d with too-high doses of the hormone”.
However, if a user has cancer that has not been detected, the disease could be accelerated drastically. Long-term usage can cause diabetes or heart failure and can make the thyroid underactive.
Mr Prakash said: "Taken in low doses, research shows that human growth hormone is as safe as vitamin C”.
Long-term usage can also result in acromegaly — a condition that causes oily skin, a large tongue and protruding forehead.
Dr Cooper said: “Sufferers sometimes have a huge chin, huge spade-like hands, a deep voice and curved spine.
“The last person I saw with it could not wear shoes because his feet were so big.”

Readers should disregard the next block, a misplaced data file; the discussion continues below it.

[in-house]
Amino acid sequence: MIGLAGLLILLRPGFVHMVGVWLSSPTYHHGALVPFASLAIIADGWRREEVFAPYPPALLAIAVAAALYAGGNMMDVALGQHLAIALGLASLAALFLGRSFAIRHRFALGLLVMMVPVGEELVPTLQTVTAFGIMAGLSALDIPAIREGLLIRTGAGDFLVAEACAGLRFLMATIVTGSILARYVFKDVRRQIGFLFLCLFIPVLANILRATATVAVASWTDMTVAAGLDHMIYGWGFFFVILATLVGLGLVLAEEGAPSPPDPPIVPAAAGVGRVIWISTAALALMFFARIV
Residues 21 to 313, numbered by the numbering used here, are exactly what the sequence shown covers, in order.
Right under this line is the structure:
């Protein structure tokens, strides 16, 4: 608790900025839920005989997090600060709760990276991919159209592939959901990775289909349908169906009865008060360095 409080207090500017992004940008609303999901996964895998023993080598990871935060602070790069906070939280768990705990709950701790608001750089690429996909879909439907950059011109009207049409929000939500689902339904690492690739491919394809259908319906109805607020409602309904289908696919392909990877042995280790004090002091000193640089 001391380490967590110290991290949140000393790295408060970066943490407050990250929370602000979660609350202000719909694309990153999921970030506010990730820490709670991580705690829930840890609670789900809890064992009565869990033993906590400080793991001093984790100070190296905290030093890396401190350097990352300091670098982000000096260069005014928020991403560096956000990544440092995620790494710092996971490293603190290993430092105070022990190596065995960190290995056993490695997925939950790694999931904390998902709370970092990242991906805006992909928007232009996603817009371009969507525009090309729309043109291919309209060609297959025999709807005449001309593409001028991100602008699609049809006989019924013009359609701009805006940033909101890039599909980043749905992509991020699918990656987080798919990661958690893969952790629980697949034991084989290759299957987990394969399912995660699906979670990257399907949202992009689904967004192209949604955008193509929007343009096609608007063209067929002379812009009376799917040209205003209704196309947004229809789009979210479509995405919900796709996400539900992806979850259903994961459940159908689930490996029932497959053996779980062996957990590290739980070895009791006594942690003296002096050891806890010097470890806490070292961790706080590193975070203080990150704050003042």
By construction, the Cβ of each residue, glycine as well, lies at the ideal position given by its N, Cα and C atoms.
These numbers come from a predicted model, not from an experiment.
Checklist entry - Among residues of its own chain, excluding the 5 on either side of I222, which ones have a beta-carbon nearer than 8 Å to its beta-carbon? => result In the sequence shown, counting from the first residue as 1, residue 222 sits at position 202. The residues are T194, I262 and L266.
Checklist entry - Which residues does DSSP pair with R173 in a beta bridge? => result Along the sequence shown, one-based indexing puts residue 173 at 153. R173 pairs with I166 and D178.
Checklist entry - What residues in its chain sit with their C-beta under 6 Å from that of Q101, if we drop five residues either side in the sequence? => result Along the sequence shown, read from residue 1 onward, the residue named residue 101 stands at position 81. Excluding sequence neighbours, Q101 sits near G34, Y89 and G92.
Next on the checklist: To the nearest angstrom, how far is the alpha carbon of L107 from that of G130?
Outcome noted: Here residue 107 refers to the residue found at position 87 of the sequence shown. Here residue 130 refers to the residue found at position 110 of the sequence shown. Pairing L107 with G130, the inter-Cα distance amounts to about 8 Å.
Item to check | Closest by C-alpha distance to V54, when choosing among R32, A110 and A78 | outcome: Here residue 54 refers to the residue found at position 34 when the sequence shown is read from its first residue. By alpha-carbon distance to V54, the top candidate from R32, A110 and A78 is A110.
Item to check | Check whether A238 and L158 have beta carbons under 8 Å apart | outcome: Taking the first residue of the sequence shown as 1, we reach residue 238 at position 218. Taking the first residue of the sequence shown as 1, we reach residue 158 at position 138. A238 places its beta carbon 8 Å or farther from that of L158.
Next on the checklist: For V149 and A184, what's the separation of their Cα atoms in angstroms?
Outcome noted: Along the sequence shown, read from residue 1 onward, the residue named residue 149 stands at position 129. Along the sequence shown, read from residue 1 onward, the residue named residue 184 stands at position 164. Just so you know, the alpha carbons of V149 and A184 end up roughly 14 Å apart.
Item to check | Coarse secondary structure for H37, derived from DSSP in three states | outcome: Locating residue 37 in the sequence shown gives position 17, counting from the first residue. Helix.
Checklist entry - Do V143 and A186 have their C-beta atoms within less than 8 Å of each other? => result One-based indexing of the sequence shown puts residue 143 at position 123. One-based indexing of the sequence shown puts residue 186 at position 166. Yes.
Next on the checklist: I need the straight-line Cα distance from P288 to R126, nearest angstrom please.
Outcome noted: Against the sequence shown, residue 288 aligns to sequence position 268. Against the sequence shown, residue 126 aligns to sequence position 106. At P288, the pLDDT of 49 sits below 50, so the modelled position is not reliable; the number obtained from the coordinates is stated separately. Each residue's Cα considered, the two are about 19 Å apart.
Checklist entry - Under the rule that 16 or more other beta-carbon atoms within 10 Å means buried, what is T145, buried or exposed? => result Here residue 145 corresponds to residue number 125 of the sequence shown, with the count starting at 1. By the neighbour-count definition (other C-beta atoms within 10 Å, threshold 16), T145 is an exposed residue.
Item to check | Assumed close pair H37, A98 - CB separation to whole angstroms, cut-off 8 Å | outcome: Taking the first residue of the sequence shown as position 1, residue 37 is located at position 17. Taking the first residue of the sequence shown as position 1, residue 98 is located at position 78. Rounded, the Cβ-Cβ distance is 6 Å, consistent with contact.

Douglas McGeorge, president of the British Association of Aesthetic Plastic Surgeons, condemned Mr Prakash’s plan.
He said "The product is not licensed for use in this way. If doctors are daft enough to inject themselves with it, that is their problem but if they are giving it to others they need to explain it very carefully to patients that they are using it off licence”.
“He is obviously experimenting with it and it should be used very carefully and under controlled circumstances so the effects can be monitored,” McGeorge said.
However, Paul Jenkins, consultant endocrinologist at Bart's, said: "It's time we stopped being so disparaging about HGH. I welcome this guy's decision to bring the debate into the open. I, for one, will be looking to contact him because he is at the forefront of something big.”
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